Last Updated: September 28 2022

Stevia rebaudiana (Stevia) is a herb where either the leaf extract or isolated 'steviosides' are used for sweetening. Unlike other sweeteners, stevia is 'natural' (rather than artificial) and associated with both beneficial pharmacological effects and some toxicity.

Stevia is most often used for


Stevia is the common word to refer to the plant stevia rebaudiana which is the sweetest of the stevia species of plants and historically used as a sweetening agent. This sweetness is traced back to glycoside (bound to sugar) compounds of steviol, with the two most important steviol glycosides being stevioside and rebaudioside A.

Unlike other sweetening agents such as aspartame or sucralose, ingestion of stevia in feasible doses confers pharmacological activity. Ingestion of either stevioside or rebaudioside A will result in a circulating level of steviol and its conjugate (steviol glucuronide) which can then exert effects in the body.

In low doses, stevia consumption appears to be associated with general anti-inflammatory and anti-oxidative effects; these effects have been linked to protection of the kidneys, pancreas, liver, and brain when they precede damaging stressors (so although there is some organ protective effects, it is merely due to the general properties of steviol rather than a unique mechanism). Higher doses appear to be linked to fertility problems in animals, and although it is somewhat contested of an issue (some studies in male rats not showing anti-fertility actions, lack of human studies) it may be prudent to not overconsume stevia due to this.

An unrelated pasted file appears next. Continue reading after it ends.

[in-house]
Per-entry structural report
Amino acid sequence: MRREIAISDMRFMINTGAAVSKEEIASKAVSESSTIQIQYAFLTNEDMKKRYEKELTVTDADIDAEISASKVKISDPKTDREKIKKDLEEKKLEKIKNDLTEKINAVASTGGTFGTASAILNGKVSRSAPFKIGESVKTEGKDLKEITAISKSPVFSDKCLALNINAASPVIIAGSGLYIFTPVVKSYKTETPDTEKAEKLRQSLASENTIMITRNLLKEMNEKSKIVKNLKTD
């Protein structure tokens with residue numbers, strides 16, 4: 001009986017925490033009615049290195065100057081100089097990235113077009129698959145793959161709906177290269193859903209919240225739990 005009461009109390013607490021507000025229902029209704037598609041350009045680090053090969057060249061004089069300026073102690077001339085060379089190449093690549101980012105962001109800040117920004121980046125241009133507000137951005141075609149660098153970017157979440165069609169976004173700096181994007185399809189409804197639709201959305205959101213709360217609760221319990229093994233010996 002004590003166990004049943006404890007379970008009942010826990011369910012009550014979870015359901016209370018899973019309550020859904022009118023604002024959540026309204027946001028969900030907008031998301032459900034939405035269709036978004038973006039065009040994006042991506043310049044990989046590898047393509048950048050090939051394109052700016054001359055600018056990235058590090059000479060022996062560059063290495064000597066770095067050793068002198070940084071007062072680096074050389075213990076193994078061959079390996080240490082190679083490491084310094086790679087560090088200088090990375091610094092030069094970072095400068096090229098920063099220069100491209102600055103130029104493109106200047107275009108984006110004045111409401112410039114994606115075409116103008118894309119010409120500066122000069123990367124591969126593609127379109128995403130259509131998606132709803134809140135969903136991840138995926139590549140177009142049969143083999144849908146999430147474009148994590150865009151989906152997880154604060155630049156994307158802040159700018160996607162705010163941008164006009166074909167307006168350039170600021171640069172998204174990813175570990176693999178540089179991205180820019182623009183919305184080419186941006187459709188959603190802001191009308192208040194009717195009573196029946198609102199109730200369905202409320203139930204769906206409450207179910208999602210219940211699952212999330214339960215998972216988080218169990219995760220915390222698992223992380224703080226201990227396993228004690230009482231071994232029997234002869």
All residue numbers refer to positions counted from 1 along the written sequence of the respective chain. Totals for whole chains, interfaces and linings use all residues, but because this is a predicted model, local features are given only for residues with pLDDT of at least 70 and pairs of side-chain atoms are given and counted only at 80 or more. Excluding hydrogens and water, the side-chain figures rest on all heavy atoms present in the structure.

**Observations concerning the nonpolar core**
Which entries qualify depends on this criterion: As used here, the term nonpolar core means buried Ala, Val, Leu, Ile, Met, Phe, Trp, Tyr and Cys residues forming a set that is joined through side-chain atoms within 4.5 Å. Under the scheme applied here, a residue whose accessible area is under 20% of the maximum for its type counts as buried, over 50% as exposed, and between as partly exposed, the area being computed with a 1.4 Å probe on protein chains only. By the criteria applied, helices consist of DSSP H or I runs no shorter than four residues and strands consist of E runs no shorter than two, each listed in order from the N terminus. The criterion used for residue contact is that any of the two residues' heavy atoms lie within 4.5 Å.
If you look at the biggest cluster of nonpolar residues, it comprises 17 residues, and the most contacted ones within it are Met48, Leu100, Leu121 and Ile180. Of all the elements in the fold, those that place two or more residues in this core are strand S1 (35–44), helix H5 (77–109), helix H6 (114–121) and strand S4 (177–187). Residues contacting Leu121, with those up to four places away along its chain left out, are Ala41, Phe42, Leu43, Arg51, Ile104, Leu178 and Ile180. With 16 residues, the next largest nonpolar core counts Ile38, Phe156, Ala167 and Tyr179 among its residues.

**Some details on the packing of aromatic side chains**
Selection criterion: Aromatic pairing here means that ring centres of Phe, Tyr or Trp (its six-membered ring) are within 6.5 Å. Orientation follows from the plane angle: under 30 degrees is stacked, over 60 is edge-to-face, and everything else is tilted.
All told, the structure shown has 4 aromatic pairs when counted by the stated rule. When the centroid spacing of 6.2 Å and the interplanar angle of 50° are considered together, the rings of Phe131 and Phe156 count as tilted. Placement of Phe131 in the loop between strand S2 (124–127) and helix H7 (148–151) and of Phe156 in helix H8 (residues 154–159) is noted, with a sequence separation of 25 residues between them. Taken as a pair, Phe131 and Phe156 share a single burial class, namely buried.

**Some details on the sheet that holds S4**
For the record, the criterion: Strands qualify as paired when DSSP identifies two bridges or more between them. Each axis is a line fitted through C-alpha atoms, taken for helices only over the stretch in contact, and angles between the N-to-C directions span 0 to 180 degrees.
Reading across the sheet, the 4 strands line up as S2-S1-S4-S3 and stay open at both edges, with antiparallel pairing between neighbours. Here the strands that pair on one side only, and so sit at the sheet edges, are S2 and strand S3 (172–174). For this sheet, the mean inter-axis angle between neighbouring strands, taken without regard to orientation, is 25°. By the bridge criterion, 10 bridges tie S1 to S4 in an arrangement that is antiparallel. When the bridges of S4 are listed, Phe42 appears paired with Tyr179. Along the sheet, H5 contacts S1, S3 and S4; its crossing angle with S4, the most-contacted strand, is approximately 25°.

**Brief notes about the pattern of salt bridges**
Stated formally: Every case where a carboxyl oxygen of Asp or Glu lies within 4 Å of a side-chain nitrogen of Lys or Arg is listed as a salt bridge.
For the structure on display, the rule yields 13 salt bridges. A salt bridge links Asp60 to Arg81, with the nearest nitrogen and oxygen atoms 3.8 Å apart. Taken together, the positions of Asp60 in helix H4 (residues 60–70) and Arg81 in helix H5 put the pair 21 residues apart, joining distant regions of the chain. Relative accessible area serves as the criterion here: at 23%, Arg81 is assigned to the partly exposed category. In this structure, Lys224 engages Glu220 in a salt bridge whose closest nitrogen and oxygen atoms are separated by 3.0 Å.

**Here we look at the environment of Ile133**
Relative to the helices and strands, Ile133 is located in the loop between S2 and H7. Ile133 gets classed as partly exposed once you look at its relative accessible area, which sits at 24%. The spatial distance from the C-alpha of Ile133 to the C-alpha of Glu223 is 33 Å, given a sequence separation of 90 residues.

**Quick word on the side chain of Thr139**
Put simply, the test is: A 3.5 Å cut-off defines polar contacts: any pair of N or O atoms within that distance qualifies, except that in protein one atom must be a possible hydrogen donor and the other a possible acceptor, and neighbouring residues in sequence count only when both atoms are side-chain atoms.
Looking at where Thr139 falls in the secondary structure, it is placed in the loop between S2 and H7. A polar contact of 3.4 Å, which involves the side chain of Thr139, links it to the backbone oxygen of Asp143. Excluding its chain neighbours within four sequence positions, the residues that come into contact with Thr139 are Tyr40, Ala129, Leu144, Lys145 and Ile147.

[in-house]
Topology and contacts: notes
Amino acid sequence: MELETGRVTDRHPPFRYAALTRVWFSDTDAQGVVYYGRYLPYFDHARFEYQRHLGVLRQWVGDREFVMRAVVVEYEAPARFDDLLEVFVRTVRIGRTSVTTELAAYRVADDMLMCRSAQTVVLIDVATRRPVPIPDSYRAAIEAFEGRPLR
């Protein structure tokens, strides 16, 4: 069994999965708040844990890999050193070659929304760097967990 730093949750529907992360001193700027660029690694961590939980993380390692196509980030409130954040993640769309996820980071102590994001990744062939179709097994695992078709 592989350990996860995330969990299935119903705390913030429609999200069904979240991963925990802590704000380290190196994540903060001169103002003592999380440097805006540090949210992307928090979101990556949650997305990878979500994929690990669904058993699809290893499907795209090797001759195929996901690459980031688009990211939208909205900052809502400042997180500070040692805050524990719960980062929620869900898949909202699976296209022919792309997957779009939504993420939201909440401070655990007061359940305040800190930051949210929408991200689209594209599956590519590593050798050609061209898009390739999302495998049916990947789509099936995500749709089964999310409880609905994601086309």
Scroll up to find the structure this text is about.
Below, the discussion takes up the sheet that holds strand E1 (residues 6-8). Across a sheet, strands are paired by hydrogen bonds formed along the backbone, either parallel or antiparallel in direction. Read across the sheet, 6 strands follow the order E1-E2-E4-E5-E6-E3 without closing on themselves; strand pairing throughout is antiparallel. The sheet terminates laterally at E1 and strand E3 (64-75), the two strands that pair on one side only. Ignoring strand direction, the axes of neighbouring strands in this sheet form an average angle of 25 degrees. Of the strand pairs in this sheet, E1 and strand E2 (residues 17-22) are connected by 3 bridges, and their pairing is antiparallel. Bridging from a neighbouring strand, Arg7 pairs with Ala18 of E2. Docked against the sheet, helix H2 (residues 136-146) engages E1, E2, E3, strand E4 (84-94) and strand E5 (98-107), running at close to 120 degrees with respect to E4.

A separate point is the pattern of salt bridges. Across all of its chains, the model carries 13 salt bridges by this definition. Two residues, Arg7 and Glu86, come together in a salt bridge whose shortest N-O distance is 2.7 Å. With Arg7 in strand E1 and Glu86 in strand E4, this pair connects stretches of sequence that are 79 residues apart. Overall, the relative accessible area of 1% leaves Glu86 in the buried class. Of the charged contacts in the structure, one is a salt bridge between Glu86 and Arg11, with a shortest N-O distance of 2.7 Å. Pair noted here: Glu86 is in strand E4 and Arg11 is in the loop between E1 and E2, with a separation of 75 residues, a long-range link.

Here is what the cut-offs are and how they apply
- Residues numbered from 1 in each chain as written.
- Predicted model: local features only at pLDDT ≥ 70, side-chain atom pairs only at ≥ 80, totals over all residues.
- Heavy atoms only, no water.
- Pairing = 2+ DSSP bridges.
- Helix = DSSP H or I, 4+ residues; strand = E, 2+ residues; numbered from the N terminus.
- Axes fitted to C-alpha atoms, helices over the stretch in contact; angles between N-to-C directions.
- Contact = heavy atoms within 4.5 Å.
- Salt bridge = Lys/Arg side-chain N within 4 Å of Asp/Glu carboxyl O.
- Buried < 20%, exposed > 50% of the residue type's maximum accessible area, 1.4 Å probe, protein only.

In regards to the genotoxic effects, although overconsumption (or selective choosing of bacterial plates to conduct an Ames test in) is associated with genotoxic effects the potency of this genotoxic effect when it occurs appears to be quite minimal. Cancer causing effects of stevia overconsumption may not be overly relevant due to the low potency of the steviol glycosides and the inherent antioxidant properties also conferring a protective effects (perhaps regulating its own genotoxicity, definitely reduces the reliability) and as such should not be too much of a concern.

What else is Stevia known as?
Note that Stevia is also known as:
  • Rebiana
  • rebaudioside A
  • stevioside
  • steviol
  • steviol glycosides
  • sweetleaf
  • sugarleaf
Stevia should not be confused with:
Dosage information

Preferentially, stevia is dosed according to taste (as it is used as a sweetener). For prudency, and due to some toxicological data on this herb, an estimated upper daily intake of around 8mg/kg should be used (for a 150lb human, this is 540mg). This dose is within the current recommended intake limits, and is sufficient for anti-inflammatory and anti-oxidant effects but insufficient for any observed toxic or infertility inducing effects of stevia.

That being said, some human studies using prolonged intake of up to 1.5g daily show no adverse effects.

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